Actually these fatty acids are nothing like what is in breast milk and pose a number of known and unknown risks to the infants who consume them. The DHA is extracted from fermented microalgae and the ARA is extracted from soil fungus. The breast does not use either of these items to manufacture its fatty acids, and these sources are new to the food chain. Each of the processed oils has its own fatty acid composition, adding a number of fatty acids to formula that already are contained in the plant oils mixed into the base formula. Human fatty acids are structurally different from manufactured ones from plant sources. Human fatty acids interact with each other in a special matrix. Just because they perform as they do in human milk does not mean they will perform at all in an artificial construct. One study has started to question if the large fat supplementation of formula is contributing to the obesity epidemic (Massiera F. Arachidonic acid and prostacyclin signaling promote adipose tissue development: a human health concern. J Lipid Research 2002; published on line ahead of print November 4, 2002).
Side effects have been reported in animal studies of the DHA and ARA, such as; oily soft stool (steatorrhea) and oily hair coat in rat studies. In four week exposures, rat pups had higher liver weights, in three month exposures they showed elevated serum alkaline phosphatase levels, and undeveloped renal papilla. Fungal food sources have the potential of acting as opportunistic pathogens in immunocompromised individuals. An extensive review of this topic was done published in the Journal of Nutrition, November 1998 Supplement; Vol 128, Number 11S. It concluded that there was not enough evidence to support the addition of these fatty acids to formula.
Varying or randomly adding fatty acids to formula does not always translate into optimal delivery of these fatty acids to the infant. These fatty acids were not approved by the FDA for use. They were simply allowed onto the market with the stipulation of post market surveillance. This means give the formula to as many babies as possible and see what happens. Since the clinical trials (experiments on babies) were done on small numbers, this allows the formula companies to have access to the entire population of babies born in the US every year, 4 million. The formulas are under study by the Institute of Medicine for safety. This represents an enormous uncontrolled experiment that bypasses informed consent and is staunchly defended by health care professionals who are wedded to the infant formula industry.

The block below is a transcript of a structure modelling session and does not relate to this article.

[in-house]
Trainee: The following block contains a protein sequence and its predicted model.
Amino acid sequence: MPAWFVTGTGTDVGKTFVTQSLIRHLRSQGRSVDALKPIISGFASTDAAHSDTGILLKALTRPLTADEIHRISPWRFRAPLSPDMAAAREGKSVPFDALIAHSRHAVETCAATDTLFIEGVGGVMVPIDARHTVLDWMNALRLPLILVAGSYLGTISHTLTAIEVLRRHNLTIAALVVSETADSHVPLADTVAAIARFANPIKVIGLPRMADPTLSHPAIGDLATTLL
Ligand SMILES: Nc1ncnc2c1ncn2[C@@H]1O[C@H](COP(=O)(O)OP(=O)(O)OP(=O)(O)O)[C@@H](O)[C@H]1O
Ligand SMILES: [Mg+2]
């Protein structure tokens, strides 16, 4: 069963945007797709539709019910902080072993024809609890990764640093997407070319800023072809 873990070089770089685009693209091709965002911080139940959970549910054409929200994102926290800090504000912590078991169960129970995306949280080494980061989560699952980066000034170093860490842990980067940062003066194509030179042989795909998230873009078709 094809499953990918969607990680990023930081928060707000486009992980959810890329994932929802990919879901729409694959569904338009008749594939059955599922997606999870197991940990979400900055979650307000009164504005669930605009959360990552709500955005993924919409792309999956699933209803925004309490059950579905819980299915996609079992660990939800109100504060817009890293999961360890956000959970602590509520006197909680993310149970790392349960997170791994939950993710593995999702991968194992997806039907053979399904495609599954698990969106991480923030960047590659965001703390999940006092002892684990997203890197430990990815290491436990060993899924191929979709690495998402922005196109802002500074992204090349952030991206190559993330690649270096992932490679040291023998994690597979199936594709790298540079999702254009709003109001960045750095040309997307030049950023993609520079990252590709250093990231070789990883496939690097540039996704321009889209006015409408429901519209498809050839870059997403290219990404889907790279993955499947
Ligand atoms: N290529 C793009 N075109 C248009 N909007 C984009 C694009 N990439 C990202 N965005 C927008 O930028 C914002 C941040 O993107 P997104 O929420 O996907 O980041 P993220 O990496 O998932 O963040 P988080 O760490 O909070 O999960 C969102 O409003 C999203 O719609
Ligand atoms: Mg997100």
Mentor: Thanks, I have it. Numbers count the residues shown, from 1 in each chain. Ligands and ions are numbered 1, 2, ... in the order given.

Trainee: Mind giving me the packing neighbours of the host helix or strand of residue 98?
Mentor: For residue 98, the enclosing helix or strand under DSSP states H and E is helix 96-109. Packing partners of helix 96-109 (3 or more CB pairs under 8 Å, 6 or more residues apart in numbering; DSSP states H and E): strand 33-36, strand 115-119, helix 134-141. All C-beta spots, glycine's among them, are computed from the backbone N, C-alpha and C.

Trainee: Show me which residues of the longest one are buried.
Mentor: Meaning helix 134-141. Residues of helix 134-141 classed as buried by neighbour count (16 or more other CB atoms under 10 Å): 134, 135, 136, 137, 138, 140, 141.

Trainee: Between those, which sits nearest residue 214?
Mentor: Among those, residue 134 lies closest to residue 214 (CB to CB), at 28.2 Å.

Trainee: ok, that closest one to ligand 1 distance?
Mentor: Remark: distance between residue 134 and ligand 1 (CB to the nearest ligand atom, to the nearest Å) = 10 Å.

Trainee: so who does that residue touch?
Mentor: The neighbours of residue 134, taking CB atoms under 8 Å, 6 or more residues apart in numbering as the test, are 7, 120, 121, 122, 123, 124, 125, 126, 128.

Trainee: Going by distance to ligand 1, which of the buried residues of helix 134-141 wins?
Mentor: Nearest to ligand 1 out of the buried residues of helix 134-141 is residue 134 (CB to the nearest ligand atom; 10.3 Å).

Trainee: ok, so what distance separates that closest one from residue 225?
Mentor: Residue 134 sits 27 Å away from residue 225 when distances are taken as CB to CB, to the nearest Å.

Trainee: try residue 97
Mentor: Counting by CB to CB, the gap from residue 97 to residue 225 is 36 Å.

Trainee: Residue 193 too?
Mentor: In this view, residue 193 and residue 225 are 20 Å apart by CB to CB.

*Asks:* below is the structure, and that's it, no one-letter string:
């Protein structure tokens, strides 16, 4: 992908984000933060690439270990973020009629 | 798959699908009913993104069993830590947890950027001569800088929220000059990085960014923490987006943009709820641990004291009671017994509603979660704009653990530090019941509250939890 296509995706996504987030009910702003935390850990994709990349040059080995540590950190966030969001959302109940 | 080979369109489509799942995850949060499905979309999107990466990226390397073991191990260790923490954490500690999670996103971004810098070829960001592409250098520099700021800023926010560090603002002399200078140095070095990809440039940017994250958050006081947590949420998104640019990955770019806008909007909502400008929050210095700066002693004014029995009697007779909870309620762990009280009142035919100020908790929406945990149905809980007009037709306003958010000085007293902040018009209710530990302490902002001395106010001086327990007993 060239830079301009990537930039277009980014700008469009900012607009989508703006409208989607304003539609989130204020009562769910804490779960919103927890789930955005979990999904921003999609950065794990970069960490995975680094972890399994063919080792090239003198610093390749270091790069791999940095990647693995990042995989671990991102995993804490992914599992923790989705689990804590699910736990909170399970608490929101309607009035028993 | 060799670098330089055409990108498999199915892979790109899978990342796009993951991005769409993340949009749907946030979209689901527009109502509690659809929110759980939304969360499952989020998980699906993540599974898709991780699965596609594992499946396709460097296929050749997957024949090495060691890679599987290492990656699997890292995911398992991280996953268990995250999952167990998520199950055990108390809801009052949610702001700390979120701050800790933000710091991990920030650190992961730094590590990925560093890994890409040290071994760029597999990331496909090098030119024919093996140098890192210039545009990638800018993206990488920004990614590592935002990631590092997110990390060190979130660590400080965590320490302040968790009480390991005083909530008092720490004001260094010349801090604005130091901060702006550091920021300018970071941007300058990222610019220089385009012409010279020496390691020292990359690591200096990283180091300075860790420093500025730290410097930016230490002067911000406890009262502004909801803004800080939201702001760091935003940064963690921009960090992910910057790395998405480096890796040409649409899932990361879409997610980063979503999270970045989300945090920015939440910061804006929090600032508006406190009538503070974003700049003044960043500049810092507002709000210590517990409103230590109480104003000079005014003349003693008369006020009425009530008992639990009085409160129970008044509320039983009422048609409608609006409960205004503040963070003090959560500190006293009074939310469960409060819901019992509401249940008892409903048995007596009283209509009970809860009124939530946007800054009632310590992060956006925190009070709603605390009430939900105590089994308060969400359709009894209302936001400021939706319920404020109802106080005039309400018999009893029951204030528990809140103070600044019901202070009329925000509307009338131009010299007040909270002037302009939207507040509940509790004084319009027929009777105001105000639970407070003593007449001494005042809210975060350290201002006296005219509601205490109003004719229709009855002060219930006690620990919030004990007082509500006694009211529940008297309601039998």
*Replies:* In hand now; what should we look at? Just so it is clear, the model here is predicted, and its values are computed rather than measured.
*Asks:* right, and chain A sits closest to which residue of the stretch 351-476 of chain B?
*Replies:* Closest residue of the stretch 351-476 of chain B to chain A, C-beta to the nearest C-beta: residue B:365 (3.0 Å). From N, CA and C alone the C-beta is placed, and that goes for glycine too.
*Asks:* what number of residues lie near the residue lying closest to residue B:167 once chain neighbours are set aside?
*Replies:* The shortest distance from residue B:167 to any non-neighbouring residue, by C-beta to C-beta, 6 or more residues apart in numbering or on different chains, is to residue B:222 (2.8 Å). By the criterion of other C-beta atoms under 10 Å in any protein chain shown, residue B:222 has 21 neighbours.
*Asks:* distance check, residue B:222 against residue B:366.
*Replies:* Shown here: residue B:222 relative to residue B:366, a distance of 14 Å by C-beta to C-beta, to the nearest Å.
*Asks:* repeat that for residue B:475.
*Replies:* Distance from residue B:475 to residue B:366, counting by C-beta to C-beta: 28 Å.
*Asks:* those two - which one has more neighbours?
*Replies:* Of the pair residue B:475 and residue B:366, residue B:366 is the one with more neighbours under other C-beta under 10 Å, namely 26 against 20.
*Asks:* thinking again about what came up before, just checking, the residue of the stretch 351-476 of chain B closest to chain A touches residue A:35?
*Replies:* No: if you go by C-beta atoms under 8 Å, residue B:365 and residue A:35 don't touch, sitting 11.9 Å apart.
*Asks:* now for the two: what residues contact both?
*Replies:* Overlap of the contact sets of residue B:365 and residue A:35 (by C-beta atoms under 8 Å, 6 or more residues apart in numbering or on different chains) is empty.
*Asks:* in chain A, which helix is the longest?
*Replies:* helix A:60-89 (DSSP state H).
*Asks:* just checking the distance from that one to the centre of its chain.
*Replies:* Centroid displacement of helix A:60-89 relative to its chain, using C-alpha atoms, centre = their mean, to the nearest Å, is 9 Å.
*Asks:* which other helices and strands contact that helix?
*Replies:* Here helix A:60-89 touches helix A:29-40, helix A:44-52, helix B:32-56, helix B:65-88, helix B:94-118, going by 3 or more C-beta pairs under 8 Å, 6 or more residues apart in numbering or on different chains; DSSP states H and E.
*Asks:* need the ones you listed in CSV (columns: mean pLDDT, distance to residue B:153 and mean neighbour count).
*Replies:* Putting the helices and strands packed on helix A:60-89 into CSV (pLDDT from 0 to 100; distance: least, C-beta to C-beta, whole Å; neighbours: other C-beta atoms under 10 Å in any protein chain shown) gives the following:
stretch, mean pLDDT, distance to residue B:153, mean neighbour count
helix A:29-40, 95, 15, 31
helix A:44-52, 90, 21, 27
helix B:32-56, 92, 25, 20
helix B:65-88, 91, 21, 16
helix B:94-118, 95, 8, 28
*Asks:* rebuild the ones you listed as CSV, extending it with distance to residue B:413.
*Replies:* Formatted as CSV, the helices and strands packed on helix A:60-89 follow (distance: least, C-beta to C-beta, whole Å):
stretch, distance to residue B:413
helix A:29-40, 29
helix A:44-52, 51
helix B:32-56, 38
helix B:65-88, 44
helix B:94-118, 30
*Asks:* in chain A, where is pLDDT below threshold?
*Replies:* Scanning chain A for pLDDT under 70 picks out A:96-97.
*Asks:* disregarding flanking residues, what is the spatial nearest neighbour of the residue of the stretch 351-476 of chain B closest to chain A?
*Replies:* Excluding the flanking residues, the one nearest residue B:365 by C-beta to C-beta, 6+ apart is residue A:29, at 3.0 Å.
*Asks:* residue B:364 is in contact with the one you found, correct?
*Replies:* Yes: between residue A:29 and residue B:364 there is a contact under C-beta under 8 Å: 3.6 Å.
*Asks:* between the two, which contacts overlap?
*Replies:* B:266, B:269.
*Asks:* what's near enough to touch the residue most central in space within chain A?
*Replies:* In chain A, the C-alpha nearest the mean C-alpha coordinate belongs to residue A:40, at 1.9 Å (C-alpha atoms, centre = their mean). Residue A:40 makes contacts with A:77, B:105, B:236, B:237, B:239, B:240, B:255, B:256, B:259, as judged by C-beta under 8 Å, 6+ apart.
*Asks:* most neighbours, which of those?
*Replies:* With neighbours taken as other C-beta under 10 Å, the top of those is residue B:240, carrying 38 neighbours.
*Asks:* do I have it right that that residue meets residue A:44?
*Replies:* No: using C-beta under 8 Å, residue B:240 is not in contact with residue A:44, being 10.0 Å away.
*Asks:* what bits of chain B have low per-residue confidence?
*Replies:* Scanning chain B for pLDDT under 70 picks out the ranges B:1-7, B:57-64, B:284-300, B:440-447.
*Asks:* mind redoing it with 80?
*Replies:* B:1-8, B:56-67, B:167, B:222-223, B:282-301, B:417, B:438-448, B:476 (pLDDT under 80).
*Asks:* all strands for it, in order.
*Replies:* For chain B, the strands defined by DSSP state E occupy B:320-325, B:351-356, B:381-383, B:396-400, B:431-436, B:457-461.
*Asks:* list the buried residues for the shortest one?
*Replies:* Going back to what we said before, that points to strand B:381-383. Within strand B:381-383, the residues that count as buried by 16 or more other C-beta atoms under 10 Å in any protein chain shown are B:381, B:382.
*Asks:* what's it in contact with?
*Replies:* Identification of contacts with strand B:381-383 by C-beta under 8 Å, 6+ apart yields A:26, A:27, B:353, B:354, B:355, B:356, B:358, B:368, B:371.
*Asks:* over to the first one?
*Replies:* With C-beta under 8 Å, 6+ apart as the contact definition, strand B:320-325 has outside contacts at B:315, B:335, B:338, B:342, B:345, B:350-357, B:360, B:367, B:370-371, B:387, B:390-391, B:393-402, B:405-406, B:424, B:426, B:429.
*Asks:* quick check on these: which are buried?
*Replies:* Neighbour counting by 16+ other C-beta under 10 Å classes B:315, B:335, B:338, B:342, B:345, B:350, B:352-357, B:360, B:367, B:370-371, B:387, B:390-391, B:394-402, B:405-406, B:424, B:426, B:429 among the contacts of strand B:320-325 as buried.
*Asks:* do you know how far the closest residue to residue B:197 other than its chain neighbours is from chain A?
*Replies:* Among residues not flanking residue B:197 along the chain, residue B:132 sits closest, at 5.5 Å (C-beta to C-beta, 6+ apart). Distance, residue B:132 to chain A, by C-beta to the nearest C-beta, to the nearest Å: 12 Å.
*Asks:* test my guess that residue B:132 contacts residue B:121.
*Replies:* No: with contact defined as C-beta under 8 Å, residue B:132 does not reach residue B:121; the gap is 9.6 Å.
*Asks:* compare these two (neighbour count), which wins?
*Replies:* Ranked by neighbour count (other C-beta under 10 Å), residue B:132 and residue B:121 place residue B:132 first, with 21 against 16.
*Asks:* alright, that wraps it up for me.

NABA has received many, many reports of babies being fed Lipil and experiencing watery, explosive diarrhea. This needs to be reported to the manufacturer and the FDA as a side effect or adverse event of this formula. This is so similar to the selling of olestra (the stuff in potato chips that prevents a person from absorbing the fat which caused painful cramping and diarrhea in many adults) that it is a scary comparison. We do not know if babies lose fat, fat soluble vitamins or any other nutrients through the stool when they consume this formula. As a matter of fact, we know very little about this formula.
Formula salesmen have walked onto hospital maternity units and removed all of the standard formula, lying that it is no longer being produced. This formula is more expensive than regular formula so the companies have profited greatly by making sure that the lower priced formula is not made available. How many more babies have to be made sick in order for the health care system and government regulatory agencies to pay attention to something put on the market to make money. The only thing these additives do is help a company capture a larger share of the formula market.
The latest issue of INFACT Canada’s newsletter carries a great tidbit of information from a few years ago when Martek Biosciences was recommended as a strong stock investment: ” Infant formula is currently a commodity market, with all products being almost identical and marketers competing intensely to differentiate their product. Even if Formulaid (the name of the DHA/ARA fatty acid combination) has no benefit, we think it would be widely incorporated into formulas as a marketing tool and to allow companies to promote their formula as closest to human milk.” No mention is made at all about health consequences because it is of no importance. Promoting formula in this manner is false and misleading advertising and is against the law.
Health care providers who buy into the hype about this formula or Similac Advance have not done their homework. Maybe we need a conference on this topic to help people understand formulas and how to remove the marketing barrier to breastfeeding that they present.
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